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    Laser levels can often be rented from home improvement or tool rental stores. But that still could get expensive when building a wall 140' long and 2.5' tall by hand. – computercarguy Nov 5 '20 at 21:25
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    You're mentioning the same laser-level solution that another poster did, so I'll copy the comment I left on that answer: I do industrial laser commissioning, and part of our process involves surveying the location of the lasers. Laser levels only have an accuracy of about 2-3 millimeters per 10 meters. OP is asking for 5 millimeters of accuracy over a 45 meter run, but a laser level's accuracy at that distance would be +/- 9-13.5 millimeters. OP is to the level of precision that requires professional surveying gear - a precision tribrach and total station or theodolite. – Chuck Nov 6 '20 at 18:01
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This Old House has a great video showing you how to set level lines for landscaping projects. I think this is exactly what you're looking for. Video is about six minutes: https://www.youtube.com/watch?v=YuK5d7zNRZw They show three methods, also described below; but I highly recommend watching the video as their explanations & demonstration on a project are great.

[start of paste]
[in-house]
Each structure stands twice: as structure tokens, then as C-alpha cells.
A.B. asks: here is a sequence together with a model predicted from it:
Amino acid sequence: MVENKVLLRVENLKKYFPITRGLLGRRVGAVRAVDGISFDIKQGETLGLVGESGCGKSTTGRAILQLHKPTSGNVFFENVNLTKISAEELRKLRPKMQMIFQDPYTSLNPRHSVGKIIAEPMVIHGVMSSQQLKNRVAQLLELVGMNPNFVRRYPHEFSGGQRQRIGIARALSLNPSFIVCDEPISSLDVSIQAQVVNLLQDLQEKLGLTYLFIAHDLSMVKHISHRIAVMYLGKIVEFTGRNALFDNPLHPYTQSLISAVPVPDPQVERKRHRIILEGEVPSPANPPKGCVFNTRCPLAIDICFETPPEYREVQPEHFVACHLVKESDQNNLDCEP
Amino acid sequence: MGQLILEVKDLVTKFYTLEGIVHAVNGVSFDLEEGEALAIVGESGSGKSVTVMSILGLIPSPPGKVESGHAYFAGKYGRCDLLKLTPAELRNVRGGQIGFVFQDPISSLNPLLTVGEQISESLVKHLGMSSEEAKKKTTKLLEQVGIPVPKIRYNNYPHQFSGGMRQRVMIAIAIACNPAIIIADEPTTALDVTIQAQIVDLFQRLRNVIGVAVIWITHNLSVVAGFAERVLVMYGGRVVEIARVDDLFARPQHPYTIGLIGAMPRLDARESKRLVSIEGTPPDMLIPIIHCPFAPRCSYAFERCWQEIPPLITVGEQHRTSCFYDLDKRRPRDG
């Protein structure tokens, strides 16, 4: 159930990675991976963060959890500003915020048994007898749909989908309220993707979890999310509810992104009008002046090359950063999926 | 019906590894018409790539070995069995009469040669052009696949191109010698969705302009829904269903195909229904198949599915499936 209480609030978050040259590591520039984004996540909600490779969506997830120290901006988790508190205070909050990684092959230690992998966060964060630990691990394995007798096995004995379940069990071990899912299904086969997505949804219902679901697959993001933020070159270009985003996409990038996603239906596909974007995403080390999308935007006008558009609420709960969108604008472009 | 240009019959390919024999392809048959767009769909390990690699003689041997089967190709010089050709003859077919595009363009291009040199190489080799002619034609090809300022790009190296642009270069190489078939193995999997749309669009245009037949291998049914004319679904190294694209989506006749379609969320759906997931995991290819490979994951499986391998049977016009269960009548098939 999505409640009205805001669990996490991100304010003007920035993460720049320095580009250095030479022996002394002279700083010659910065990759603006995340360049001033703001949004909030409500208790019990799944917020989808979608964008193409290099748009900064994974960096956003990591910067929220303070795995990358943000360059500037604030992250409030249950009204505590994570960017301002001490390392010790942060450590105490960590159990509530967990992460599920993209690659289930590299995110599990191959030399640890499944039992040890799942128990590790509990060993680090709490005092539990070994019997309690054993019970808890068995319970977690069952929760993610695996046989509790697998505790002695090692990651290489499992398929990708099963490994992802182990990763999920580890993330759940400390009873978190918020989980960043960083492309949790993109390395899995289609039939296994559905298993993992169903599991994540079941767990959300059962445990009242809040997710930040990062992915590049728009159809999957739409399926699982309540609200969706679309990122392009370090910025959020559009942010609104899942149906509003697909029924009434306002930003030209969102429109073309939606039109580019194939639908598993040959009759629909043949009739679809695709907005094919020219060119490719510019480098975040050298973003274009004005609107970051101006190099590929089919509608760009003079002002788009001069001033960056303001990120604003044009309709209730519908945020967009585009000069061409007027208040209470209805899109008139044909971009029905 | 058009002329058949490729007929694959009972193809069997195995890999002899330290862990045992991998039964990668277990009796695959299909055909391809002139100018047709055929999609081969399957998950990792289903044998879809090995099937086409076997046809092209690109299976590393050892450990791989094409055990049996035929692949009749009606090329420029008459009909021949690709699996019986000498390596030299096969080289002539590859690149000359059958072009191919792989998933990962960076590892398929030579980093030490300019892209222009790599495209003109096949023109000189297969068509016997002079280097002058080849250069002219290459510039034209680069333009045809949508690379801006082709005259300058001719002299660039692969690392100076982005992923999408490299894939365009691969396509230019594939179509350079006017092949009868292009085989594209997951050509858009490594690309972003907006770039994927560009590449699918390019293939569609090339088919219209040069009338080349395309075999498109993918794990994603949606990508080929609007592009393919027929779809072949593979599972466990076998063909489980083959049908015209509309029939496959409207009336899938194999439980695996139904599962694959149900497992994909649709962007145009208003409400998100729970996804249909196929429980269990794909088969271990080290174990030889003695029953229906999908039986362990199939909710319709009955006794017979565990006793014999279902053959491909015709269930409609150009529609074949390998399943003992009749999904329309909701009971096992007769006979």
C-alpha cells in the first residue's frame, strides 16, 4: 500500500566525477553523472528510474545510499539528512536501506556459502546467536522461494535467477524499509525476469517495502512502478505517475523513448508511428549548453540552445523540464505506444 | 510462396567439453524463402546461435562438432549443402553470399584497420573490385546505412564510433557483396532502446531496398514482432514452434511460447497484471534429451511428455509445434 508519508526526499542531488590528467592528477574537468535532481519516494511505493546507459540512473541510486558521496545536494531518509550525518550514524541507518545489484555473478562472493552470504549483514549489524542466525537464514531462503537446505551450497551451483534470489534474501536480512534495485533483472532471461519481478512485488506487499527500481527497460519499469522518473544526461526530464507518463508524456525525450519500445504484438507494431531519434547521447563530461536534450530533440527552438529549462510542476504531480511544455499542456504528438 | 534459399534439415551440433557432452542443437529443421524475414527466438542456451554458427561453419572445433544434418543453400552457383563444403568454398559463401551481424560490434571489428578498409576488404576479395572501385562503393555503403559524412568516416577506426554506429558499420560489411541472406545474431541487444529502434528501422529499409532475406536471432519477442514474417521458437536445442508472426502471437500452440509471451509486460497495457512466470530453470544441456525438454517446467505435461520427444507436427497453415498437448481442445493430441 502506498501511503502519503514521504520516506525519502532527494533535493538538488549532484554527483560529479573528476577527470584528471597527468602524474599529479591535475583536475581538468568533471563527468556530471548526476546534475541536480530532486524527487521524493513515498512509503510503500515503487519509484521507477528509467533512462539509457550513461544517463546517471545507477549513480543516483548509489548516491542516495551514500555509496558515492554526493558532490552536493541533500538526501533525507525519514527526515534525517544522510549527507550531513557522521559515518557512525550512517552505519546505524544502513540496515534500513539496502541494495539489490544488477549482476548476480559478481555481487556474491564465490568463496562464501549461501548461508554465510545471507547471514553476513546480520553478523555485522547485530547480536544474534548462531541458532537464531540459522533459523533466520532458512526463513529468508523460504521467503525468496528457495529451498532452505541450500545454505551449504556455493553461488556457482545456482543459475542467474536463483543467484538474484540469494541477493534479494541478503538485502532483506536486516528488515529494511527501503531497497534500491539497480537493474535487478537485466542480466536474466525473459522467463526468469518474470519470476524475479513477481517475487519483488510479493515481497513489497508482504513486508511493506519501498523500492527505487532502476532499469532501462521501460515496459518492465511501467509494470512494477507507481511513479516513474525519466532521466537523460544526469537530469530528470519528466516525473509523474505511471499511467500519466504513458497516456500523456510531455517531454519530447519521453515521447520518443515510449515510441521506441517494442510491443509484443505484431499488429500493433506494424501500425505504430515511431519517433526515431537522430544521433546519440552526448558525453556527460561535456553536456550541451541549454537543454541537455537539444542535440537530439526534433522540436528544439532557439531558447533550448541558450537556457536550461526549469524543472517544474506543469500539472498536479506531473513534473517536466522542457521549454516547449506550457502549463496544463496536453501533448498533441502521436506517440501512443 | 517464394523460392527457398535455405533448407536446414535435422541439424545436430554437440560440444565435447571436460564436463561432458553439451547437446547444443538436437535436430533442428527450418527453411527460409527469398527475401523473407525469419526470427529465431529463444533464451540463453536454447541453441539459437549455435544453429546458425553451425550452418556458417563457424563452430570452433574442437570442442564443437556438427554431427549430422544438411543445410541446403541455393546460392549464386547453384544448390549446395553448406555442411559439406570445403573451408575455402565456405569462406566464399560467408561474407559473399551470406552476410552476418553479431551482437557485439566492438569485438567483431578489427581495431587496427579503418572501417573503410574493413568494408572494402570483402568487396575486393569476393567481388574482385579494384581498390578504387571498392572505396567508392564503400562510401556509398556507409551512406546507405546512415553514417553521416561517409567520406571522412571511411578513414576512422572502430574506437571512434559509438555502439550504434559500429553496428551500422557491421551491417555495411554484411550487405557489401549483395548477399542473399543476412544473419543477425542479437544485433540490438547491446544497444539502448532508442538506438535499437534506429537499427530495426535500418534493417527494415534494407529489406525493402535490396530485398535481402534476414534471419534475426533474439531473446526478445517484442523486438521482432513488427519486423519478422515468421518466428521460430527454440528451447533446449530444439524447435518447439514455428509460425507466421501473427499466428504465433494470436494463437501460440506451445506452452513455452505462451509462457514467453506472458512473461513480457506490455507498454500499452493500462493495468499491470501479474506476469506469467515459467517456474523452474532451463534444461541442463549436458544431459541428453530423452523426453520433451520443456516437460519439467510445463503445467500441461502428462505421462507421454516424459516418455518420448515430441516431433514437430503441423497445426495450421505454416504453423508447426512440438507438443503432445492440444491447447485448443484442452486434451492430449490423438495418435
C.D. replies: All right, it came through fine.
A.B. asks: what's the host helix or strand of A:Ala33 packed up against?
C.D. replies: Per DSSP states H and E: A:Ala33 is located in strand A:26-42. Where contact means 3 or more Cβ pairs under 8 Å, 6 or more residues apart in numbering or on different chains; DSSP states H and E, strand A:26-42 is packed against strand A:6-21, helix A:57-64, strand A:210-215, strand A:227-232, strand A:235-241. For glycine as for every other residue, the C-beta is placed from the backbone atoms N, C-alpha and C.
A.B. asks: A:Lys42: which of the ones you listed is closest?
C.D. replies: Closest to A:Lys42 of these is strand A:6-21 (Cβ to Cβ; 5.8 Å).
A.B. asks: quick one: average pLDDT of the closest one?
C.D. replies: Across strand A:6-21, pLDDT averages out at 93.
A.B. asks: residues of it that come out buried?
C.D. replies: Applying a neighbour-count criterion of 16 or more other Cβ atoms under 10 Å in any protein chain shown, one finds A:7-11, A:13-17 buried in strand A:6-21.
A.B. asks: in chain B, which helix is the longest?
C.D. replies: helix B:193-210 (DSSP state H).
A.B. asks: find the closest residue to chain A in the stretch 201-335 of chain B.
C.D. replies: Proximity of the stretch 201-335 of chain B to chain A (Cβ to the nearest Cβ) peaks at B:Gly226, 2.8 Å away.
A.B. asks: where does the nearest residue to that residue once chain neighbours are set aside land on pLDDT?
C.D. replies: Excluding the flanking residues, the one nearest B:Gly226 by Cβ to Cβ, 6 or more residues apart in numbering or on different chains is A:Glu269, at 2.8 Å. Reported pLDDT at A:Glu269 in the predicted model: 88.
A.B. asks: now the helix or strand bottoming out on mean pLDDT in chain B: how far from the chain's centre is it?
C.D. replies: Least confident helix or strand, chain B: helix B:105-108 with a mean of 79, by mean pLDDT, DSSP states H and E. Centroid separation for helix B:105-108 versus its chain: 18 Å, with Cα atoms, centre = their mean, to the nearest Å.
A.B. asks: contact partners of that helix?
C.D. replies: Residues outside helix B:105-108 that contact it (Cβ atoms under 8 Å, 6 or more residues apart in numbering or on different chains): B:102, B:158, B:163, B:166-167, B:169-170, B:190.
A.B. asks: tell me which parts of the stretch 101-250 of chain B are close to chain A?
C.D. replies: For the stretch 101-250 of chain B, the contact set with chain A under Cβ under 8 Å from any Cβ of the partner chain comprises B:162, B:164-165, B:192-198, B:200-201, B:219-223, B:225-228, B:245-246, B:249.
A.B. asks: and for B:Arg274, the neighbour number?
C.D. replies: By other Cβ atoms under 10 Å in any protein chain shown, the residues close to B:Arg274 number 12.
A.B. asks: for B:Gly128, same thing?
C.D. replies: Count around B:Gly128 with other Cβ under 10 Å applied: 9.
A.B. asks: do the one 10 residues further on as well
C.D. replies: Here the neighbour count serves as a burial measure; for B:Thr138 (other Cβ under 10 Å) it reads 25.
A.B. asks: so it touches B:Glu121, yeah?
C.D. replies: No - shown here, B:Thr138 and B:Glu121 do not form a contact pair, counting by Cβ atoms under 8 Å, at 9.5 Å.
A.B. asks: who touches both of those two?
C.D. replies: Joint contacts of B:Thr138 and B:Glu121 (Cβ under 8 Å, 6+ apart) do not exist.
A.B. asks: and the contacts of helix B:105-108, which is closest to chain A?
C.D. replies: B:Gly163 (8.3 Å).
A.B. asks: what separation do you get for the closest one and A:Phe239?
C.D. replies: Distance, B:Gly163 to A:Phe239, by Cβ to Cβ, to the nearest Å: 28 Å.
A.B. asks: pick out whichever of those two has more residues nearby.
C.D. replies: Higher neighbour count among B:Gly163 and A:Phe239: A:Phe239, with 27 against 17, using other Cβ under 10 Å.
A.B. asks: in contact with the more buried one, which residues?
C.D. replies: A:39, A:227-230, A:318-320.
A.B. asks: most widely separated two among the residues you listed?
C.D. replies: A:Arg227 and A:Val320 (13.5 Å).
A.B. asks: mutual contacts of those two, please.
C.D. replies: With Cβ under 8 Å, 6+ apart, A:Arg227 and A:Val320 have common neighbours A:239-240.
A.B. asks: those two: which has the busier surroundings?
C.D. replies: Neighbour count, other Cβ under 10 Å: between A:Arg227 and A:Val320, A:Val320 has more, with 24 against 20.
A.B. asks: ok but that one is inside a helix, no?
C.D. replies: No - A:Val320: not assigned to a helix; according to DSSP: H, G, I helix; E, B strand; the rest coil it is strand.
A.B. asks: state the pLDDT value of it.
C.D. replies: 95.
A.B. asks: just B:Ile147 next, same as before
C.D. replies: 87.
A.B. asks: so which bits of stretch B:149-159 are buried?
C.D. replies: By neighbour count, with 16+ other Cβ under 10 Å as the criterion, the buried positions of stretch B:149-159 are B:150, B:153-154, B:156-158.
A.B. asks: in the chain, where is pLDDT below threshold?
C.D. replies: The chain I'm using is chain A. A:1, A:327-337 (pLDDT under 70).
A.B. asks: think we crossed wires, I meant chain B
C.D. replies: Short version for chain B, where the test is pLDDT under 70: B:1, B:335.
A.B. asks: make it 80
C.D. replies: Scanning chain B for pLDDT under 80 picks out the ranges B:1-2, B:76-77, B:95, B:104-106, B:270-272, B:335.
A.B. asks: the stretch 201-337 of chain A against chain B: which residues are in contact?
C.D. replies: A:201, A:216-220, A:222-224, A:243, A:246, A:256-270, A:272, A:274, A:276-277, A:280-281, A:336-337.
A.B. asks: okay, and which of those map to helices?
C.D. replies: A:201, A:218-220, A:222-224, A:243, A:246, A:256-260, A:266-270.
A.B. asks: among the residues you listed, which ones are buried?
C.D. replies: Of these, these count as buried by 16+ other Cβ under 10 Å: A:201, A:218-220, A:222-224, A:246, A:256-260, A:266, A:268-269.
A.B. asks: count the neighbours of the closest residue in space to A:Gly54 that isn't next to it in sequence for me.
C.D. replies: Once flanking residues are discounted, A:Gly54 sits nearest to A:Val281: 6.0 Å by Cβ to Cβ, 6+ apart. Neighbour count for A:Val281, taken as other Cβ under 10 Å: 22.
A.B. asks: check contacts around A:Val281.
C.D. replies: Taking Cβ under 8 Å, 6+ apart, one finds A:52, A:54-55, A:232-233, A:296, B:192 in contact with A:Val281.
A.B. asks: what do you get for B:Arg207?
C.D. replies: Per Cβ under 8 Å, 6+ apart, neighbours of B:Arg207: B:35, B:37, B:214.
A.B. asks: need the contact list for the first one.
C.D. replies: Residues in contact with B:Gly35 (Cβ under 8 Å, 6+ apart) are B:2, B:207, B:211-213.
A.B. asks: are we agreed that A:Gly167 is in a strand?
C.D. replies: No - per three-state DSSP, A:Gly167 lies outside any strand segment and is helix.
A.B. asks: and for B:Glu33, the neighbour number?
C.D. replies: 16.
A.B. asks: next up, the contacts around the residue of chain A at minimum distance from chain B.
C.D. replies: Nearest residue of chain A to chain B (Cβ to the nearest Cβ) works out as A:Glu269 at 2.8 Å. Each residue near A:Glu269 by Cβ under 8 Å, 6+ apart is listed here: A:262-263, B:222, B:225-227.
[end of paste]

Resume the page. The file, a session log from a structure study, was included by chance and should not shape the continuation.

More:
Line/spirit level

This is a spirit bubble attached to a long string. It's the least-accurate of the three choices but requires the least equipment. As shown in the video, it's totally usable for small projects, though.

Water level

Basically, a long tube with some water in it functions as a level. The water will reach the same height at each end of the tube. The linked video has some good tips, but this is really a great way to find a level over a longer distance.